Friday, December 23, 2022

Podcast Recommendation: Relentless Health Value E356

Let me begin by acknowledging that my original source of this information was an individual whom I admire a great deal: David Balat who shared this particular podcast via LinkedIn. David is a Texan who happens to be one of the foremost authorities on the anti-consumer and anti-competitive behavior of Pharmacy Benefit Managers ("PBM's") and works as Director, Right on Healthcare for Texas Public Policy Foundation and also Executive Director with the nonprofit organization Free2Care. David Balat's LinkedIn profile can be seen at if you're interested in following him on LinkedIn.

This was an episode of the "Relentless Health Value" podcast. FYI: Relentless Health Value is a weekly interview podcast hosted by Stacey Richter, who is a healthcare entrepreneur celebrating fifteen years in the business side of healthcare. Ms. Richter is also a great hostess for the podcast, asking very pointed and relevant questions of her guests, plus her guests are healthcare business luminaries. I also recommend that you might consider subscribing to the overall "Relentless Health Value" podcast. It's available from most of the places where people subscribe to podcasts, but the website is at

The specific episode I am recommending in today's post is Episode 356: "PBMs React to GoodRx, Mark Cuban, and Amazon Pharmacy, With Ge Bai." The podcast episode can be accessed at I will provide the actual episode itself at the end of this blog post.

The guest in Episode 356 was the real reason for recommending this podcast episode. The guest was Dr. Ge Bai, PhD, CPA who was interviewed, and Dr. Bai is a professor of accounting at the Johns Hopkins Carey Business School and professor of health policy and management at the Johns Hopkins Bloomberg School of Public Health. She is an expert on healthcare pricing, policy, and management.  Dr. Bai is a real authority on what happens behind-the-scenes with PBM processing insurance claims and her knowledge is really great.

Dr. Ge Bai has a webpage at Johns Hopkins which is assuredly one you might find very informative, particularly with links to her published works. You may visit her page at Johns Hopkins at for more details. Also, her LinkedIn page can be found at

One other link: Dr. Ge Bai's Twitter handle can be found at @GeBaiDC and I do recommend following on both platforms. Even if Twitter is (right now, anyway) currently kind of falling by the wayside until the company either formally declares bankruptcy or is foreclosed upon by its many creditors. The reason is because under Elon Musk's failed leadership of Twitter, the social media platform has gone delinquent on virtually all of its bills, including its rent for the company headquarters in San Francisco. Musk recently tried to beg the Saudis to bankroll yet another investment in Musk-led Twitter, and while the Saudis generally support authoritarians who censor content they deem unacceptable, even the Saudis balked at how poorly their first big investment in Musk-led Twitter has gone.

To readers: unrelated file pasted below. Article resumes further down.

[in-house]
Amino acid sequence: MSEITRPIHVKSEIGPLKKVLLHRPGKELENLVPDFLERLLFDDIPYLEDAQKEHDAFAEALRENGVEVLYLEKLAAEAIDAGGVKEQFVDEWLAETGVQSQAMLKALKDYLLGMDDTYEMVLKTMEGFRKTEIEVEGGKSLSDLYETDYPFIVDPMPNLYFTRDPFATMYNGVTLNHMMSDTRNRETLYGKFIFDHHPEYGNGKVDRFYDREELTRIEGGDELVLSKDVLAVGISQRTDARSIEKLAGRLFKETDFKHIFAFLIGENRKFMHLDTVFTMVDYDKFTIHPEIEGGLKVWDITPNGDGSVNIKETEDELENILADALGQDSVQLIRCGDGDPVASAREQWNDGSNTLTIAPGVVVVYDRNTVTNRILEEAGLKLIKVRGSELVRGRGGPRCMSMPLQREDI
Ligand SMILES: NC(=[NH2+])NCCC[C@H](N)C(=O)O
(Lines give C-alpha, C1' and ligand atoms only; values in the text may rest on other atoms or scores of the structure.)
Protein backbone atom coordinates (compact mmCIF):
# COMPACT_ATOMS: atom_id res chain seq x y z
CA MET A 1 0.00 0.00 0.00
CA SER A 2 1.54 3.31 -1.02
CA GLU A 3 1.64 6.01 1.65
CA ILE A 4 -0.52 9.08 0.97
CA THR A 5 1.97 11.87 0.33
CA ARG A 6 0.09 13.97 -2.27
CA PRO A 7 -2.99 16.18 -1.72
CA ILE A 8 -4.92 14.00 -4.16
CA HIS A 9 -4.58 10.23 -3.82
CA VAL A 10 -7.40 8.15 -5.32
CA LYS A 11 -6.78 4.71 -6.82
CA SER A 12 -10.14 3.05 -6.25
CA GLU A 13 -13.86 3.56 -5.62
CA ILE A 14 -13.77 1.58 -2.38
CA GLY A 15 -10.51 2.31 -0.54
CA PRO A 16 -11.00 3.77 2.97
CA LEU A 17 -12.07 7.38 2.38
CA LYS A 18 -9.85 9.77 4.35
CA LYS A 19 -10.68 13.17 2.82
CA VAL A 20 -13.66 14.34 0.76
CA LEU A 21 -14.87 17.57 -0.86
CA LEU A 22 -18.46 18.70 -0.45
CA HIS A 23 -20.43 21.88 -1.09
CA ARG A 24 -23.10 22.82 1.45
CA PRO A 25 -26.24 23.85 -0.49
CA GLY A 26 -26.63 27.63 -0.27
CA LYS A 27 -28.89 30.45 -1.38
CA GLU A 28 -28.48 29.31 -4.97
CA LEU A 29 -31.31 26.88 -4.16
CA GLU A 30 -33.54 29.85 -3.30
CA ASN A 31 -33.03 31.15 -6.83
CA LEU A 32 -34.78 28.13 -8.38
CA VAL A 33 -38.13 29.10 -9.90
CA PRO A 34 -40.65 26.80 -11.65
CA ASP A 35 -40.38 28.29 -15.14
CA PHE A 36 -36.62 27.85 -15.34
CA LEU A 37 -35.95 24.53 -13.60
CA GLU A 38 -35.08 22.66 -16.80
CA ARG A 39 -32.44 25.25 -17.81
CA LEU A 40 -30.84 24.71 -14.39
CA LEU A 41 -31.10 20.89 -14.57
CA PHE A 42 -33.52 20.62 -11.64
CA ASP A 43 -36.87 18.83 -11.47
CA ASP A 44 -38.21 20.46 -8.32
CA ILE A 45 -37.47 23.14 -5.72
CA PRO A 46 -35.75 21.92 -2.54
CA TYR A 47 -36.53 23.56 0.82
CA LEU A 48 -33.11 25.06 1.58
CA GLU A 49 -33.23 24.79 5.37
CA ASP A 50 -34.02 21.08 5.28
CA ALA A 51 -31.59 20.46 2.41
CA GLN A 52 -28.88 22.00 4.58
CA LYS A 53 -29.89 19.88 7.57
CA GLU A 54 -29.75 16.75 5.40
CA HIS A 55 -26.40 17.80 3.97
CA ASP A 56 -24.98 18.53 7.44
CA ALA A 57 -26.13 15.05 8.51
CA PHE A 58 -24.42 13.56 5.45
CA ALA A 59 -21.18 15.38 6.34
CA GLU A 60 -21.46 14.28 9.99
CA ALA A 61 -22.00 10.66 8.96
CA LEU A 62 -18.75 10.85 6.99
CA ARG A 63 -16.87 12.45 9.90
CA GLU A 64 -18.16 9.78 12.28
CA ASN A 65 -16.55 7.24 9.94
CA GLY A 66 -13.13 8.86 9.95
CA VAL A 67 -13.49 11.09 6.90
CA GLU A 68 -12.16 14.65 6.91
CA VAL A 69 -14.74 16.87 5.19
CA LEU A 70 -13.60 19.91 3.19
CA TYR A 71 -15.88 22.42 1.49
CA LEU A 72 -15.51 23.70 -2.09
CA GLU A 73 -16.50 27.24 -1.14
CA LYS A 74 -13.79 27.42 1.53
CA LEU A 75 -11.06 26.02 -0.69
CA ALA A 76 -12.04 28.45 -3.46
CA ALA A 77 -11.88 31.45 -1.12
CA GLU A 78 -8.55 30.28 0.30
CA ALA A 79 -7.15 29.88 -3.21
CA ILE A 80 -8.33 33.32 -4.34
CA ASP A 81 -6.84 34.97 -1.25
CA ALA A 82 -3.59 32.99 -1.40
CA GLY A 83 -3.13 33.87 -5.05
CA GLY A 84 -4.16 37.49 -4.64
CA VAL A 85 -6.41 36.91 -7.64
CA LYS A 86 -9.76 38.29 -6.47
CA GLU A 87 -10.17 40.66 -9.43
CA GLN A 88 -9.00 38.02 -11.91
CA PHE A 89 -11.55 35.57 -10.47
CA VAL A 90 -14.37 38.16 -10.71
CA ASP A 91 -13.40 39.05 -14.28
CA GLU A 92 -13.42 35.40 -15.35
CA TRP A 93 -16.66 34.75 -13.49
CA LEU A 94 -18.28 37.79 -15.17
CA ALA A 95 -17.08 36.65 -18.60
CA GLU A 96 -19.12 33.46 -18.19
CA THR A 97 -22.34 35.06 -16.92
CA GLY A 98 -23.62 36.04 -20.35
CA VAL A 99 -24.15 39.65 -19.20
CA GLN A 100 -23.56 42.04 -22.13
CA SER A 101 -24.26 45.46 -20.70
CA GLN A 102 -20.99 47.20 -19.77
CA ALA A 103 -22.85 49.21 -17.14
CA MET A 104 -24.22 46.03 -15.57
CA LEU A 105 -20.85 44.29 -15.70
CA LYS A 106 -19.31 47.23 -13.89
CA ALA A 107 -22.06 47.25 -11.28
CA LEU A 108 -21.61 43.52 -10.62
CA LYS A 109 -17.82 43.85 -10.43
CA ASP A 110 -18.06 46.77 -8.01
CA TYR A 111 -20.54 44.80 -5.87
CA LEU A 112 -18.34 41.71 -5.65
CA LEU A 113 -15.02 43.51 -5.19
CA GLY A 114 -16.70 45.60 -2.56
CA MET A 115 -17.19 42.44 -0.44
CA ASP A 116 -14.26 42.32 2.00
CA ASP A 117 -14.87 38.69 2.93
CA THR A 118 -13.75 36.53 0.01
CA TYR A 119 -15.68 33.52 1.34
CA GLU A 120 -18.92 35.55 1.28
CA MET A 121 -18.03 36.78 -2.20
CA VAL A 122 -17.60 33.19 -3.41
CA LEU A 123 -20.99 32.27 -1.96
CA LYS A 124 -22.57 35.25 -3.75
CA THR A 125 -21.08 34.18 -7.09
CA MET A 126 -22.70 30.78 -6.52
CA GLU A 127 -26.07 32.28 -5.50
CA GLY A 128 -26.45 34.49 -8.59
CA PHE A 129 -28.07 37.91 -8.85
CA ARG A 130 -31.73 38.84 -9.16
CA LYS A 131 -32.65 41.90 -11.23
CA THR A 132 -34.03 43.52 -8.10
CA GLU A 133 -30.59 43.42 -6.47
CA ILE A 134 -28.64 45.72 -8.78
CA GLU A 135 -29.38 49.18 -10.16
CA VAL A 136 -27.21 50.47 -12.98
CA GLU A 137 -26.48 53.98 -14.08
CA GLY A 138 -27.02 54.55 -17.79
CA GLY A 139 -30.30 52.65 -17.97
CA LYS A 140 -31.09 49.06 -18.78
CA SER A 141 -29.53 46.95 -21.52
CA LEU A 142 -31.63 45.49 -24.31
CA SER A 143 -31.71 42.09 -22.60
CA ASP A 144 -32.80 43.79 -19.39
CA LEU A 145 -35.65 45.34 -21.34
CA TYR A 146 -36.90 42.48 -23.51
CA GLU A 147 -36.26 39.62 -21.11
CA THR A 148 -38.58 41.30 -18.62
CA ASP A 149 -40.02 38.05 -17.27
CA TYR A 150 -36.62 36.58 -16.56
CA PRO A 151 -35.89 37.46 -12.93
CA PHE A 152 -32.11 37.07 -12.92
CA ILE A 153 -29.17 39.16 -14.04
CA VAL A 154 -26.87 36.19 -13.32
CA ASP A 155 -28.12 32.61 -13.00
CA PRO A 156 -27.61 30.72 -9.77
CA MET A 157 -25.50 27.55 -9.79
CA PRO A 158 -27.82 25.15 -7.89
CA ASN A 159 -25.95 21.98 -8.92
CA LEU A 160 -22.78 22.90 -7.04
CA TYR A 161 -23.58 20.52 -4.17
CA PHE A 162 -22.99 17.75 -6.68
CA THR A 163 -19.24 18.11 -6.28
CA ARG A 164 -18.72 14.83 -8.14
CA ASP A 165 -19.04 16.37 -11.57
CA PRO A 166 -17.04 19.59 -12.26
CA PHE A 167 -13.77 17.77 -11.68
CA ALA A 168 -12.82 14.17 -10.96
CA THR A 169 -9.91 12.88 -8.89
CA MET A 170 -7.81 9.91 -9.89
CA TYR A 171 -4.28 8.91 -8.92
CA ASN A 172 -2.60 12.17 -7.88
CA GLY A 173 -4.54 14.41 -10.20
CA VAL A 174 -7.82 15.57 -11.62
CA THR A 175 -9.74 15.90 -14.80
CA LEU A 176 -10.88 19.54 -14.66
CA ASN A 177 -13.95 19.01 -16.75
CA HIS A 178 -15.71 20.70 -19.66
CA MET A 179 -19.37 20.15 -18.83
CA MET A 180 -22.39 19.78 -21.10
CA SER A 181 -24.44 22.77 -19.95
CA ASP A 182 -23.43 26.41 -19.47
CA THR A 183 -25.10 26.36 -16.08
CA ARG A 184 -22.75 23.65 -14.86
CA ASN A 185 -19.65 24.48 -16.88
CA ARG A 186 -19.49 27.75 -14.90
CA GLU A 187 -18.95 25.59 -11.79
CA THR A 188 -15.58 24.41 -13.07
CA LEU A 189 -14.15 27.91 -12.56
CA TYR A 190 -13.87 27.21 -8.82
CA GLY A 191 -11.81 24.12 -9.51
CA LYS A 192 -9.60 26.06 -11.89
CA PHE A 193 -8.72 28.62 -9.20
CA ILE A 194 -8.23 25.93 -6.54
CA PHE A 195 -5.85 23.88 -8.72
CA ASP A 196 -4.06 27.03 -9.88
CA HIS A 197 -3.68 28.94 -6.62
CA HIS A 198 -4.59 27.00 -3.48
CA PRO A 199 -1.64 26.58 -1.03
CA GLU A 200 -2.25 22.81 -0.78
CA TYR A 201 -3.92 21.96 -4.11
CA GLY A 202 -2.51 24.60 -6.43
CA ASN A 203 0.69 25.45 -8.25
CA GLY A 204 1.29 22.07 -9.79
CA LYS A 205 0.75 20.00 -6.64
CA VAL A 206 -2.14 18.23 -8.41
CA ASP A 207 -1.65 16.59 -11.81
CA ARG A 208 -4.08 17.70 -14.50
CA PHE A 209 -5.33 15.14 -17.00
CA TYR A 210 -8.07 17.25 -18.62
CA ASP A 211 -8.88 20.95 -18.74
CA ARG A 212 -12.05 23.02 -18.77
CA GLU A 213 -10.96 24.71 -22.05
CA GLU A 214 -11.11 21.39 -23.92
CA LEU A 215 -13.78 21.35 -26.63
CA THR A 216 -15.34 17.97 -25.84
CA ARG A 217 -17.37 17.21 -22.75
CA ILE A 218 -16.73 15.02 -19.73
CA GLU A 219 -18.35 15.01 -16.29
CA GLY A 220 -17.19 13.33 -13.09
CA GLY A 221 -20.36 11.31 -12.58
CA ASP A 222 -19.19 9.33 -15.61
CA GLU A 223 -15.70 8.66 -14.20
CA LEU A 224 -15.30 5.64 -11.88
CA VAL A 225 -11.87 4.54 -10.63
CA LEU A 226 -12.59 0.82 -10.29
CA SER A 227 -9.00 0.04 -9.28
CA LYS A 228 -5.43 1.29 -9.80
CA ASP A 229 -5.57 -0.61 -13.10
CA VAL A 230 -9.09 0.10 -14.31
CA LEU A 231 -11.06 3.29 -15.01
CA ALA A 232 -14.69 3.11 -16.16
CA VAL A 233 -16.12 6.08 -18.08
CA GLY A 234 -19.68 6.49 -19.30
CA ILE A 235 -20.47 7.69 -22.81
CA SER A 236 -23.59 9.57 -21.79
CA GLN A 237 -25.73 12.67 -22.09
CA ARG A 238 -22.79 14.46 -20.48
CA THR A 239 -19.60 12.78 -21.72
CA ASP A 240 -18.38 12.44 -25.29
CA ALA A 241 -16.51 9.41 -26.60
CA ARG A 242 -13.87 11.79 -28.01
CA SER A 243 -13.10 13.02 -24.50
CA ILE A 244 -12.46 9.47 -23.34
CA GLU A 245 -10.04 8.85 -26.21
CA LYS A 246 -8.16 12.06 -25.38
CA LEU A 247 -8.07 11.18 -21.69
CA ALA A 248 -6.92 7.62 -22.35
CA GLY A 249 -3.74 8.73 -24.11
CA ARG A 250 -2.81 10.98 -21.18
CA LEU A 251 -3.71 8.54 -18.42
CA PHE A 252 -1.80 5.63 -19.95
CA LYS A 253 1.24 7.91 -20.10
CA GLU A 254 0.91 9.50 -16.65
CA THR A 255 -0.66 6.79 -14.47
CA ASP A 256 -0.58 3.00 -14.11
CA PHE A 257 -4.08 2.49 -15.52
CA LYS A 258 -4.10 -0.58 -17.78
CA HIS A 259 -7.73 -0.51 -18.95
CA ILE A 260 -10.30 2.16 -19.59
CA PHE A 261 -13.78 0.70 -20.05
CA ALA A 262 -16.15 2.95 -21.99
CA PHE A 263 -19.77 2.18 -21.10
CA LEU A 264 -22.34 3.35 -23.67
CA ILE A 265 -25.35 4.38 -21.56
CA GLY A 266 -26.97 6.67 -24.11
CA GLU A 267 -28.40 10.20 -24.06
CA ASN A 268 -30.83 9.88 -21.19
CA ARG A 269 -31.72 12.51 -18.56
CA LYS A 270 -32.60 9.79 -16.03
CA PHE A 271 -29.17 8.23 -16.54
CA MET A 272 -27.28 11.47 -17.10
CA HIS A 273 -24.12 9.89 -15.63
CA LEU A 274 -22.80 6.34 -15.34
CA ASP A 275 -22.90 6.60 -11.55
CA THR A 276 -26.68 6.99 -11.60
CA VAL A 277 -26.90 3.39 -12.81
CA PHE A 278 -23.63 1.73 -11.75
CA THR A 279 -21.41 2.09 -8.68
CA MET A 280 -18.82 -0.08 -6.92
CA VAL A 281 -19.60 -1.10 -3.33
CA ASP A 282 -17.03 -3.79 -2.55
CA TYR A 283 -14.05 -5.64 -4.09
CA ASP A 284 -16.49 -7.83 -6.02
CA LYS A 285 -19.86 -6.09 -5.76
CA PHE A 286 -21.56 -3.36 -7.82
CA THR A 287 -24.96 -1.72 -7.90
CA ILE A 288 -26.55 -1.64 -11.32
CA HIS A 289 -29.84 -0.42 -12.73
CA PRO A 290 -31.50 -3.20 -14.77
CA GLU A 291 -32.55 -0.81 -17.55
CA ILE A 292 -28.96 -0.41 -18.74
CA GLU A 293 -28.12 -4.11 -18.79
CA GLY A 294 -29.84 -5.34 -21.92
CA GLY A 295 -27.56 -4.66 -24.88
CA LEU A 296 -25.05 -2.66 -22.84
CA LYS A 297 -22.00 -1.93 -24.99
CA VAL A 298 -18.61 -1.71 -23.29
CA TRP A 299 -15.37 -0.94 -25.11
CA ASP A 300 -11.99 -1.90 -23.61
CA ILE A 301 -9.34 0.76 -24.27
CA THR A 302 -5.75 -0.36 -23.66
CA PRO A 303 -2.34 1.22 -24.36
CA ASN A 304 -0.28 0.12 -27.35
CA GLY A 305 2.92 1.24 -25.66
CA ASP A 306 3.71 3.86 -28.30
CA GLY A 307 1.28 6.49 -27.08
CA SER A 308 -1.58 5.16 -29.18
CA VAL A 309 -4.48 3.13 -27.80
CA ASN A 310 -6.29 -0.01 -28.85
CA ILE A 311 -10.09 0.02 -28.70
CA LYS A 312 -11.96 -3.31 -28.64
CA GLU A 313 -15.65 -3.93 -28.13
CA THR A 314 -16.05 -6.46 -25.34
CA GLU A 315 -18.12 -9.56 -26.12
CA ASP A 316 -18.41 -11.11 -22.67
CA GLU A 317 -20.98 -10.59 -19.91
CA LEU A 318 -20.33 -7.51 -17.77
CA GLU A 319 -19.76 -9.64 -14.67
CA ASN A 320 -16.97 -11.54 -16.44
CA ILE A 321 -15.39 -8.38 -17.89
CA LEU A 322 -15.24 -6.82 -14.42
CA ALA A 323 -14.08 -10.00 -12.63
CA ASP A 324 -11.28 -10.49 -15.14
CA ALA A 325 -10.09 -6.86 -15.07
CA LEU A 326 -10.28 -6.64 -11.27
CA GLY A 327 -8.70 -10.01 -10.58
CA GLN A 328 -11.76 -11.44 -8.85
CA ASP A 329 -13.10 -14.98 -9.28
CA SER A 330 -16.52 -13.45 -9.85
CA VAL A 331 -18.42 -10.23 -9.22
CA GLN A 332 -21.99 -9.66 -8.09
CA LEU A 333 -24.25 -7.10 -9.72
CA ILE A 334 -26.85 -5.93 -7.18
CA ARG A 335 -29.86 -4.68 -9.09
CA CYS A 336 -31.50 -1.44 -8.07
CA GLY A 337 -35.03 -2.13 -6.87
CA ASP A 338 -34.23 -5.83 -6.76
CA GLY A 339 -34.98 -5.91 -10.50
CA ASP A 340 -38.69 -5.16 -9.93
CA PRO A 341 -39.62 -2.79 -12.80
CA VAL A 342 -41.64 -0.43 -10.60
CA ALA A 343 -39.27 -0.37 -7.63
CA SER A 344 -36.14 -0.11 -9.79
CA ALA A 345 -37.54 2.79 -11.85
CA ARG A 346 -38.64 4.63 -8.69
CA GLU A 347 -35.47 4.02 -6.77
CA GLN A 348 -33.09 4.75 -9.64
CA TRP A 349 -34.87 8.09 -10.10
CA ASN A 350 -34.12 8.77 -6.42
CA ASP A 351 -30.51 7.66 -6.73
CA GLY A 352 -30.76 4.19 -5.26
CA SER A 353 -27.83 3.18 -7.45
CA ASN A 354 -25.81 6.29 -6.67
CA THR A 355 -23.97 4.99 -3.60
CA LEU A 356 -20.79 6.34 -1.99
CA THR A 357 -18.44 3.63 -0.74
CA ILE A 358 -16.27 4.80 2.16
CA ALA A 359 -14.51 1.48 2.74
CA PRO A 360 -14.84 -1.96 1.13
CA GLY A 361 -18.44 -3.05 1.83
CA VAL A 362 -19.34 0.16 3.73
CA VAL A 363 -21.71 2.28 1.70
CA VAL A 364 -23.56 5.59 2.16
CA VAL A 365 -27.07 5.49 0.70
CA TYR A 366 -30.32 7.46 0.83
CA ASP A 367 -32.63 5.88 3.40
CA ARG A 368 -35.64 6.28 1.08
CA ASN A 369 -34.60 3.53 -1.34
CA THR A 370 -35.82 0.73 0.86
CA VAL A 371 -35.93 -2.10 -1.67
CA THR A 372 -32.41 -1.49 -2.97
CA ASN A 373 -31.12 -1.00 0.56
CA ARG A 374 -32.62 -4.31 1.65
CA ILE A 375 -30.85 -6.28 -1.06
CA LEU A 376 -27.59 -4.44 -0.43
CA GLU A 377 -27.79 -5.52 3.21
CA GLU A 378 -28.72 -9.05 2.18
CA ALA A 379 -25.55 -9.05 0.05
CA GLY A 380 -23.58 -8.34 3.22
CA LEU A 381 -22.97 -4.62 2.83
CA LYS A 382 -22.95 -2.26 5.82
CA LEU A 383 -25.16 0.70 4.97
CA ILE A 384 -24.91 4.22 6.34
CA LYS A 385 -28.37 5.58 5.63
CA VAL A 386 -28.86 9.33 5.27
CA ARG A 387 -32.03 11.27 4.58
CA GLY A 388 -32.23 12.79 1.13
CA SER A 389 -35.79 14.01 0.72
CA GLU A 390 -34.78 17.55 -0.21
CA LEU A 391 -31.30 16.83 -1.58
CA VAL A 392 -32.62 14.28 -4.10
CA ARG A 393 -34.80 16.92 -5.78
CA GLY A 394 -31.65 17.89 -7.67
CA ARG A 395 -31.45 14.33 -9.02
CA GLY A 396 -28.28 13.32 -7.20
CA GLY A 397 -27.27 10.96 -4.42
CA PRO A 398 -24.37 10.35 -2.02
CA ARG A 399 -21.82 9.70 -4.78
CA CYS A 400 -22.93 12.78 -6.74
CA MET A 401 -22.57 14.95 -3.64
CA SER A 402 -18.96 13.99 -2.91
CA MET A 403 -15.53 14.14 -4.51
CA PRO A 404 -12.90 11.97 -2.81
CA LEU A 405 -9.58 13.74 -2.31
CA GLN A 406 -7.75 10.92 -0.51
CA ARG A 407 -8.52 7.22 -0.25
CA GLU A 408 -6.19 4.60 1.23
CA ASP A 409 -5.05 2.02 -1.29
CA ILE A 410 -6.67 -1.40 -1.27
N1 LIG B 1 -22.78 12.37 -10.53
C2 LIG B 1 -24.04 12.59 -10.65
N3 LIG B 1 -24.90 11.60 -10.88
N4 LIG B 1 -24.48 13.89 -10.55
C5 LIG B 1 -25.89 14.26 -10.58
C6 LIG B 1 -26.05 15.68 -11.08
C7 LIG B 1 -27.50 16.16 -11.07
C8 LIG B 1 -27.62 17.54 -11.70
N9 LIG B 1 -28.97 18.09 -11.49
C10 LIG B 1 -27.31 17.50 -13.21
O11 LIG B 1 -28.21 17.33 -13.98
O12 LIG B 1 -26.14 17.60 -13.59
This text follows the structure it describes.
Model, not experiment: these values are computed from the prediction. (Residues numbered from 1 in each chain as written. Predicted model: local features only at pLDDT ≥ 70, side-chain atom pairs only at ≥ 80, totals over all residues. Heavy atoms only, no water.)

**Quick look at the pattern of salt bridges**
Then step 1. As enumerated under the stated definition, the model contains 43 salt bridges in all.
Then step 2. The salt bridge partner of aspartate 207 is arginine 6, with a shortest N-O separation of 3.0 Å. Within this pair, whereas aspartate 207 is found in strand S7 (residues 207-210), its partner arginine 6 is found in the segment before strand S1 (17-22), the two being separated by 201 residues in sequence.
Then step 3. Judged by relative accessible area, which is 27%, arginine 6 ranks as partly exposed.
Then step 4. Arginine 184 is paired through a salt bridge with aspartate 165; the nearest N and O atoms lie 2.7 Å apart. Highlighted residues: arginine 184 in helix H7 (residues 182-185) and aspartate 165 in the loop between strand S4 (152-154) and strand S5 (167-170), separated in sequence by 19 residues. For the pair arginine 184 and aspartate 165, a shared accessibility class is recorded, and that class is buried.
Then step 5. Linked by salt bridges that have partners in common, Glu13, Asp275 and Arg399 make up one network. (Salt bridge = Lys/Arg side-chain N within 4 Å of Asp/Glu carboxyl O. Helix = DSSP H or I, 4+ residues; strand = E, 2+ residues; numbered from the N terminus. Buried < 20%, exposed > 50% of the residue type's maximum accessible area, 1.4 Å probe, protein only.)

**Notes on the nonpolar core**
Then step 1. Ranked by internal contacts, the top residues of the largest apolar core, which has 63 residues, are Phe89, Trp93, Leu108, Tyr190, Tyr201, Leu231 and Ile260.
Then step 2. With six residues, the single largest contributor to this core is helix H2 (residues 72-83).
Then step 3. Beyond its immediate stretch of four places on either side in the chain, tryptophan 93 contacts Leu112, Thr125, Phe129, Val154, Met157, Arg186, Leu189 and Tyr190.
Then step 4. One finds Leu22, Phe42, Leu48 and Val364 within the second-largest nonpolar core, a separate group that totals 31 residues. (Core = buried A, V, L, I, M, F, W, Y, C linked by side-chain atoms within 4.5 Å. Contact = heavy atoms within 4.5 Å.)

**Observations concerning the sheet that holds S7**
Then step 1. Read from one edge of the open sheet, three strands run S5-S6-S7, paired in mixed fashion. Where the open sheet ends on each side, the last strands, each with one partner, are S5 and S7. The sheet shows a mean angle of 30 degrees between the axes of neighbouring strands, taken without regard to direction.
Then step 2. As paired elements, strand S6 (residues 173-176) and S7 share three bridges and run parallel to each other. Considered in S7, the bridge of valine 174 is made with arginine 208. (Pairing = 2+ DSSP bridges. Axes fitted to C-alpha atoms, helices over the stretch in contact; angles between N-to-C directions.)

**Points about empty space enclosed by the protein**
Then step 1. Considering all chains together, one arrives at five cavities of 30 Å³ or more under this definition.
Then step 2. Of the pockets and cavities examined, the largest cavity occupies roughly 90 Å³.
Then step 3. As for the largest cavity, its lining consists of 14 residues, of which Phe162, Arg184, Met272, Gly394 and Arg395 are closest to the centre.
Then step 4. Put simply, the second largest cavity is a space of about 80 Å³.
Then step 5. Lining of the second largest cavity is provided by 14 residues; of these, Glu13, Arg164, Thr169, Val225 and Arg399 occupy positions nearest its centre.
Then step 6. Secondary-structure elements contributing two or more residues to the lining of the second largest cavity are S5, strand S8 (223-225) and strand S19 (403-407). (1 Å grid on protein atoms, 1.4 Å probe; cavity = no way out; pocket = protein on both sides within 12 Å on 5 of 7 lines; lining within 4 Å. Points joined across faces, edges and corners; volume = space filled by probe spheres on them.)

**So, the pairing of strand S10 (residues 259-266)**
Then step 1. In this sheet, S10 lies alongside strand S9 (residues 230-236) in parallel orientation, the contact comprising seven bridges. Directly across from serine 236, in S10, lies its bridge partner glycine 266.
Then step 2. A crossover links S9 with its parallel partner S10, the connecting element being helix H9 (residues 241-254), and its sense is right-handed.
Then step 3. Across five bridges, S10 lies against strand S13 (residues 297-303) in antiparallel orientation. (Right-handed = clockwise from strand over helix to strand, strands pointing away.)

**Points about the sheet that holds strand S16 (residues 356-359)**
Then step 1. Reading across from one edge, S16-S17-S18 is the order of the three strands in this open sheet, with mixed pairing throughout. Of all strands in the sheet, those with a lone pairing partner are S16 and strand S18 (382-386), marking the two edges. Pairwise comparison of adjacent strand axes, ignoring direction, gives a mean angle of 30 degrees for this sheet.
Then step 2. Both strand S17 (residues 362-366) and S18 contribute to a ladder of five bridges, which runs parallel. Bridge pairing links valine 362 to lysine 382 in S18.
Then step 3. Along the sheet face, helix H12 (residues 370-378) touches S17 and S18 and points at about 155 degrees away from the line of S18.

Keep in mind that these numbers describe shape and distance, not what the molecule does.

It's looking like a foreclosure on Musk-run Twitter, or a bankruptcy of the company appears almost certain in the near future. I remain on Twitter, although some people prefer not to provide Twitter any content which the company uses to attract advertisers who generate most of the company's revenue. Twitter has lost more than half of its advertisers since Elon Musk bought the company via a highly leveraged buyout. Recall that Elon Musk was forced to buy Twitter at a price of $46.5 billion even though the company was only worth maybe only about $14 billion because he foolishly signed an agreement to pay that price. Twitter sued him for breach of contract and a Federal judge ruled he had to buy Twitter at the agreed-upon price. Only now, it's looking as if the Emperor Has No Clothes! FYI, I have been finding LinkedIn has really evolved to an excellent social media platform owned and operated by Microsoft. On LinkedIn, I follow virtually everyone I once did on Twitter (and a few who did not have Twitter handles), plus LinkedIn has the added advantage of not being blocked in many corporations, so you can usually find the same content there as you once went to Twitter to get. Also, Elon Musk-run Twitter has aggressively increased the number of posts from users I do not even follow, but it appears to have no strategy for whose Tweets they share; it's haphazard and erratic. For that reason, I am spending much more time on LinkedIn these days although I don't share much of anything on LinkedIn, but I still turn to it for reliable news since I don't find it on Twitter anymore!

Anyway, back to the "Relentless Health Value" podcast. Start by listening to Episode 356 can be accessed at (or below), and then maybe consider subscribing if you enjoy informative "business of healthcare" related information.

1 comment:

Scott K. Johnson said...

Thanks for sharing, Scott! It sounds interesting and I’ll add it to my list of things to check out.